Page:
Bamboo is becoming increasingly popular as an alternative to cotton in the production of clothing. Bamboo is the foundation on which BAM Bamboo Clothing have built their brand, working on the basis that bamboo is a sustainable product. BAM have set an aspiration to become an ‘Impact Positive’ company; this means that they are not just reducing the negative impact of their activities on the planet, but ensuring that their activities have an overall positive impact.
In order to achieve this, they needed to understand the environmental and social impacts of the bamboo supply chain to recognise where there might be risks and opportunities.
What we did
ADAS worked with BAM to carry out a high-level environmental and social impact assessment of bamboo production in China, where BAM is sourcing the bamboo used in its clothing.
Seven key areas were assessed:
- Water requirements
- Biodiversity impacts
- Land use requirements
- Pesticide usage
- Carbon sequestration potential
- Social impacts
Under each category we conducted a search of current literature. Using this literature and our agricultural expertise, we identified the key sustainability issues and potential ‘watch outs’ that should be considered as BAM starts to engage more closely with their bamboo supply chain.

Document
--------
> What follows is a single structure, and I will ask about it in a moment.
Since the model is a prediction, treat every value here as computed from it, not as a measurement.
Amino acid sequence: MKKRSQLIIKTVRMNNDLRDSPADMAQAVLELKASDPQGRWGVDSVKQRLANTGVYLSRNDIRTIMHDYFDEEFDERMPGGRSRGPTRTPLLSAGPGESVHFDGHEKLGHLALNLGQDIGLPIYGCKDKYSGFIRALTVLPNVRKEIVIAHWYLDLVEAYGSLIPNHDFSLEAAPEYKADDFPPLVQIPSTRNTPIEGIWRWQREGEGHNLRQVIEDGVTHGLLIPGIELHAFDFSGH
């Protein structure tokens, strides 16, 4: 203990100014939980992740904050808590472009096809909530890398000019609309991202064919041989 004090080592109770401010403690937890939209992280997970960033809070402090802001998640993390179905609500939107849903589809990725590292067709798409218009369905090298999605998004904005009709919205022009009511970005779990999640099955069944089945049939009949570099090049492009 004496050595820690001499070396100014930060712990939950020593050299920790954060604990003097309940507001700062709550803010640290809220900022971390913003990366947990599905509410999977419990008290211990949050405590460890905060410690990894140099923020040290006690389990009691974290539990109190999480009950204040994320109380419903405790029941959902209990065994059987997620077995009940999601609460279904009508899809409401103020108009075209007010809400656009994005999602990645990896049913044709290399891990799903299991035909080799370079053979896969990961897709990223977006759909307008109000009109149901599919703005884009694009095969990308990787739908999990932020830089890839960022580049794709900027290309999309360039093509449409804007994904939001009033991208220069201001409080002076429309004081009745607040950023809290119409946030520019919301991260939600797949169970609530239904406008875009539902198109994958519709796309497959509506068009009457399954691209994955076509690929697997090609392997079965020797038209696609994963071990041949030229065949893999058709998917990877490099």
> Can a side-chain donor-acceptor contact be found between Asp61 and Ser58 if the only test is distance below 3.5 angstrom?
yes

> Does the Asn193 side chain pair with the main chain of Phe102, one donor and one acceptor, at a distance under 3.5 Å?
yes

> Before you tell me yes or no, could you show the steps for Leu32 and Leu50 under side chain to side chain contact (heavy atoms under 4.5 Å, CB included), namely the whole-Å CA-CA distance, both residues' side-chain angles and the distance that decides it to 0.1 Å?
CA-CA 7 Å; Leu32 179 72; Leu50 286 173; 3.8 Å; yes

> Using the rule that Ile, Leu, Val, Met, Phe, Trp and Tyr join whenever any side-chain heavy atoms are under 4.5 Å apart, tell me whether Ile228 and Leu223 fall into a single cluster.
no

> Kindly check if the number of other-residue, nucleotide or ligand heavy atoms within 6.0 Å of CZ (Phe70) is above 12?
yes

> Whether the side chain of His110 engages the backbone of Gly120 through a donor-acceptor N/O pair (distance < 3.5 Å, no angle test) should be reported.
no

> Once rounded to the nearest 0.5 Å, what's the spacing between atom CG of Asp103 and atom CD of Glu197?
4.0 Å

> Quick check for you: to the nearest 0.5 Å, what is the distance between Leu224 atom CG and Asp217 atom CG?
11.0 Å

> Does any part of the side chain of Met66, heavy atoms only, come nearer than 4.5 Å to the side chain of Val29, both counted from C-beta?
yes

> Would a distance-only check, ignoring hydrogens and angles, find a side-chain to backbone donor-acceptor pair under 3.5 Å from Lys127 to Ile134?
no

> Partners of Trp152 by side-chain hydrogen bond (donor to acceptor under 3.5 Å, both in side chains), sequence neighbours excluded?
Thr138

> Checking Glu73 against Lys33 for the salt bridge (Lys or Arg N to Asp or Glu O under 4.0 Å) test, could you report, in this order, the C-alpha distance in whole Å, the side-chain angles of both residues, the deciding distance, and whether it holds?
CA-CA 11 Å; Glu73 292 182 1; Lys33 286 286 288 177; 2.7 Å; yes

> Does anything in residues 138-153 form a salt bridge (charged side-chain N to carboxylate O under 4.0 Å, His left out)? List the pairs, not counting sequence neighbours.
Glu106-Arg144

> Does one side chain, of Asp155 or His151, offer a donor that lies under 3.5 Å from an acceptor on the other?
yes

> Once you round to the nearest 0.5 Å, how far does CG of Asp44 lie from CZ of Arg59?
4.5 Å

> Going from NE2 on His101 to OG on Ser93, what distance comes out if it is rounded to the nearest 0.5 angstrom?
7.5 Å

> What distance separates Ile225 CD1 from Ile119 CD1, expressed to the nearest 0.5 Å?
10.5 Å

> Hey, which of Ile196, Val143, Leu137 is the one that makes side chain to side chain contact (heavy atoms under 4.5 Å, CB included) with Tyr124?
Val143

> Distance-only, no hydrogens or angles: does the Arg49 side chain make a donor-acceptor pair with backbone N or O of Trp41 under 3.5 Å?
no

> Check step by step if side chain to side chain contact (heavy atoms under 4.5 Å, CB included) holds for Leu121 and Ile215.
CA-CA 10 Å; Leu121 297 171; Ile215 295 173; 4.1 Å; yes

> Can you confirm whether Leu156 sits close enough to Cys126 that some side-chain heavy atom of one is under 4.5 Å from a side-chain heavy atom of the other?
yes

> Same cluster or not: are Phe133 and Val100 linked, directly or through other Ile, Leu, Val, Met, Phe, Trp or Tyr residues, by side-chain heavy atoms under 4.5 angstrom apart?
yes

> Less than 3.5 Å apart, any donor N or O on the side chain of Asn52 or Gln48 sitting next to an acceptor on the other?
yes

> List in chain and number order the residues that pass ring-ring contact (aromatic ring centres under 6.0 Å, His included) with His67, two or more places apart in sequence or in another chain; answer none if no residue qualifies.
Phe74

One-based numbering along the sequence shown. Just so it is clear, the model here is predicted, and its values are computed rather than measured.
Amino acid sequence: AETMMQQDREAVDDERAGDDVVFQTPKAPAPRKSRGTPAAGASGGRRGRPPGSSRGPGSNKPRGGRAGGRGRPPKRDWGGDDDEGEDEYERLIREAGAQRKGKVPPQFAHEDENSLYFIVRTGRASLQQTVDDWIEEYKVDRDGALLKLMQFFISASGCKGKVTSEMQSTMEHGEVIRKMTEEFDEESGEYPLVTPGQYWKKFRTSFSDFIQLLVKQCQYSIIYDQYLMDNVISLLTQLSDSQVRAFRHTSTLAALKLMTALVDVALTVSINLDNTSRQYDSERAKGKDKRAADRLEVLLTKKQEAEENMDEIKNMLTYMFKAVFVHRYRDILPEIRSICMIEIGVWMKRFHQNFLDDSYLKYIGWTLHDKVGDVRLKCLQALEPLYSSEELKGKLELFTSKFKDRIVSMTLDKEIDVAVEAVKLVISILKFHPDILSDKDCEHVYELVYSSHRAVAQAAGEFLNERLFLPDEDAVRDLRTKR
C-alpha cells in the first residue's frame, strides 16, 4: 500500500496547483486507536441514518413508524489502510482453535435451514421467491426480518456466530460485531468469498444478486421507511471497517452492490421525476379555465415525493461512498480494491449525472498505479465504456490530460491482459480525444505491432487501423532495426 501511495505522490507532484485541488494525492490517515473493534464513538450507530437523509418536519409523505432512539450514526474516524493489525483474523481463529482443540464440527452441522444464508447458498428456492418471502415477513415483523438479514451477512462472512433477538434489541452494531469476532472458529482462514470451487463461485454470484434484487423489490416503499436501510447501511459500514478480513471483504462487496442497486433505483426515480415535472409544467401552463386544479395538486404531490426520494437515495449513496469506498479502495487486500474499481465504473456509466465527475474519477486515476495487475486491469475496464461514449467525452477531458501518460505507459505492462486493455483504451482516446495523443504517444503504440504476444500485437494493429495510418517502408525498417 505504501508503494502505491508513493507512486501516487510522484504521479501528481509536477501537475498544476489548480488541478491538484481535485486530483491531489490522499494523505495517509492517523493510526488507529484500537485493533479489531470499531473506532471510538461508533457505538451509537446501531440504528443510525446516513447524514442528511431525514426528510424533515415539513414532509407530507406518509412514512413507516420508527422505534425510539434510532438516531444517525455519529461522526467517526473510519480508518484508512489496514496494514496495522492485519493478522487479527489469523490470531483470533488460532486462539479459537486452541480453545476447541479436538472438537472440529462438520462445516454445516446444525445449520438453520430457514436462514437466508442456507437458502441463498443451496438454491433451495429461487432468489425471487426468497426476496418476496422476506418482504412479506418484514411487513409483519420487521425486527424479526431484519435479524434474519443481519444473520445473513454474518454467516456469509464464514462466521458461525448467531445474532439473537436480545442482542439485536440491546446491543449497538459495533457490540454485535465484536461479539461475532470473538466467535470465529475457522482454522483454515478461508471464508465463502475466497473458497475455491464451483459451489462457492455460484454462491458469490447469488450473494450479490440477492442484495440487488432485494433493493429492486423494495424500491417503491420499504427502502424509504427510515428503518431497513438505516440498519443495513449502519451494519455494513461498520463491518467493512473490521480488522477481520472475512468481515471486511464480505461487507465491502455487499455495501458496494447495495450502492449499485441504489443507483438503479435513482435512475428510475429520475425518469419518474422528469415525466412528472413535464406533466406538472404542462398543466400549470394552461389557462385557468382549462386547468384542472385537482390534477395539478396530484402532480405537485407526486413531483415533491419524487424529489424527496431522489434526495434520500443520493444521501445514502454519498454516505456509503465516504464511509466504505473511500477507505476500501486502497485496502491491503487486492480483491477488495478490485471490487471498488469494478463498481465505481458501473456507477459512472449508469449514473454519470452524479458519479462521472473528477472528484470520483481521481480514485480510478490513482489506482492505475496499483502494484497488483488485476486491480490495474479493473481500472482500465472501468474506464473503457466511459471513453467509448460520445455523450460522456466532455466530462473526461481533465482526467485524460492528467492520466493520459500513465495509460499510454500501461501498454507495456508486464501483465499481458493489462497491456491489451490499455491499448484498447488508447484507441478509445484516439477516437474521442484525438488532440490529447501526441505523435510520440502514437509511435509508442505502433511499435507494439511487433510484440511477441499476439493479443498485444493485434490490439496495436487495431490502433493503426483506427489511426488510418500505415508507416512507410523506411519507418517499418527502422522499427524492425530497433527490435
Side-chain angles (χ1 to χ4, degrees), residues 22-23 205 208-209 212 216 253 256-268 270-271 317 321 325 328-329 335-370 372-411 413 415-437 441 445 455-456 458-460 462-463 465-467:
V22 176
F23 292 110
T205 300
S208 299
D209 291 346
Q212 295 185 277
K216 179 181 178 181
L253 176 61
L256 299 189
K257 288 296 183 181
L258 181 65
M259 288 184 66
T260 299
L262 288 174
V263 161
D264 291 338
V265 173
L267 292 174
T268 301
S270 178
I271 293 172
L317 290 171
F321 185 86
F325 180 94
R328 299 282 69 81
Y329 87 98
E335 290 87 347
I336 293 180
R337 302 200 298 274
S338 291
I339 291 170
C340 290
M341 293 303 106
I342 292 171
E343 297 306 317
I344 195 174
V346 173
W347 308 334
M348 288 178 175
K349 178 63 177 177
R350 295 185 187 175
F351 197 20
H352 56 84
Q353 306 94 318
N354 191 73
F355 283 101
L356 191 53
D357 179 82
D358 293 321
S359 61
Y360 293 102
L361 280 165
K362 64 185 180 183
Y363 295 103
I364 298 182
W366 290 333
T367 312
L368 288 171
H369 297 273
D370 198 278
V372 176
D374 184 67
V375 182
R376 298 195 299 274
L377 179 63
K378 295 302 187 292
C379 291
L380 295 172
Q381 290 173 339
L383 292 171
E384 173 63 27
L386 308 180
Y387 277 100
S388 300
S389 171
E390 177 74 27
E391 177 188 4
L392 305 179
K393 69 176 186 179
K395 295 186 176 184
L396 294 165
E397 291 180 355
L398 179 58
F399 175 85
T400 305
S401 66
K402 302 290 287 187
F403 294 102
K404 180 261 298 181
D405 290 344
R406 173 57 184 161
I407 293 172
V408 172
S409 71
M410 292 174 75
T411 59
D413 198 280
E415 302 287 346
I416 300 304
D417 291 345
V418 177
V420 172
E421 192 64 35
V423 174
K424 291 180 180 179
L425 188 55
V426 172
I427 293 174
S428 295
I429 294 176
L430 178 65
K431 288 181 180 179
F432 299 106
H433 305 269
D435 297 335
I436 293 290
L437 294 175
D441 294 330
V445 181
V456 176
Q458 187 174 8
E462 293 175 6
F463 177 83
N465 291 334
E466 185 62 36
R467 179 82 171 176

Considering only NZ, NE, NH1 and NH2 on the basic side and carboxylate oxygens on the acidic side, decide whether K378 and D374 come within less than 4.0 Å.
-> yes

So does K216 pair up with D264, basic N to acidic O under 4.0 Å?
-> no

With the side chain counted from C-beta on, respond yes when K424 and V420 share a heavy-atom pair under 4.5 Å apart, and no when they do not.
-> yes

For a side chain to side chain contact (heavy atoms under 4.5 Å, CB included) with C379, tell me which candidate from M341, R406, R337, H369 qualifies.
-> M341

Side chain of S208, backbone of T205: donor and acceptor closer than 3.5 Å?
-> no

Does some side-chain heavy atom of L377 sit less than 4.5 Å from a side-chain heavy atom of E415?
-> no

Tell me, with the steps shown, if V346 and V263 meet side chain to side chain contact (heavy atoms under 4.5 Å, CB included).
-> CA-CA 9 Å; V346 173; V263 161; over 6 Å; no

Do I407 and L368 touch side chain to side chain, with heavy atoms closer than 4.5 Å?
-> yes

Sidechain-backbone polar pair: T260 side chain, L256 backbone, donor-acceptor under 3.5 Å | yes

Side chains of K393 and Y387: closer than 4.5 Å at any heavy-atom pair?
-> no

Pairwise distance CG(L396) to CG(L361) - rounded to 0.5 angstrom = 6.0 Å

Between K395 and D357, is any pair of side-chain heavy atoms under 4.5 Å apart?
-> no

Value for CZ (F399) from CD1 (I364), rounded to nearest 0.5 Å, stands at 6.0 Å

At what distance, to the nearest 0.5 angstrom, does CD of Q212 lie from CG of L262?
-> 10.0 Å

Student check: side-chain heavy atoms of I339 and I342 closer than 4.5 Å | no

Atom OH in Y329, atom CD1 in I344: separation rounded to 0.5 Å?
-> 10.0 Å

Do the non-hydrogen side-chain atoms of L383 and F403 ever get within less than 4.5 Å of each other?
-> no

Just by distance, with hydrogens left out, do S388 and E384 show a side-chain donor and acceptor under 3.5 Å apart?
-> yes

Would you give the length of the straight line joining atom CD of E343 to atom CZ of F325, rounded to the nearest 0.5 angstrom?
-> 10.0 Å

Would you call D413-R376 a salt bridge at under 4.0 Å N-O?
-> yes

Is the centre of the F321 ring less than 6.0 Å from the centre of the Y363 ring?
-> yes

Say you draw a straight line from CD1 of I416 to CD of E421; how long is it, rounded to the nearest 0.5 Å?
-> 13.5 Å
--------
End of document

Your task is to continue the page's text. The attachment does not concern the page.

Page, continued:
Our assessment concluded that bamboo has the potential to be a highly sustainable crop. It has low requirements for artificial fertiliser, pesticides, or irrigation water if grown in the right place and in the right way. Extensive production in well-managed natural forests has the potential to support biodiverse forests and provide a good income to the local community. However, there are threats to the sustainability of bamboo if grown in the wrong place or under inappropriate management.
To ensure BAM is sourcing sustainably produced bamboo, ADAS developed a series of questions for BAM consider when interacting with their bamboo supply chain to ensure that the bamboo they are using has minimal negative environmental and social impacts. BAM have recently published their first sustainability report which our assessment contributed to; click here to see the full report.
How ADAS can help you
With consumers waking up to the impact of how their clothes and other textiles are made, it is important for retailers and manufacturers to understand the key sustainability risks in raw material supply chains. To find out more about how ADAS can help you improve the sustainability of your textile products visit our sustainable textiles service page.
For further details about this case study, and to see how we can help you, please contact:
Emily Mason: Senior Sustainable Food Consultant – Sustainable Food and Farming, ADAS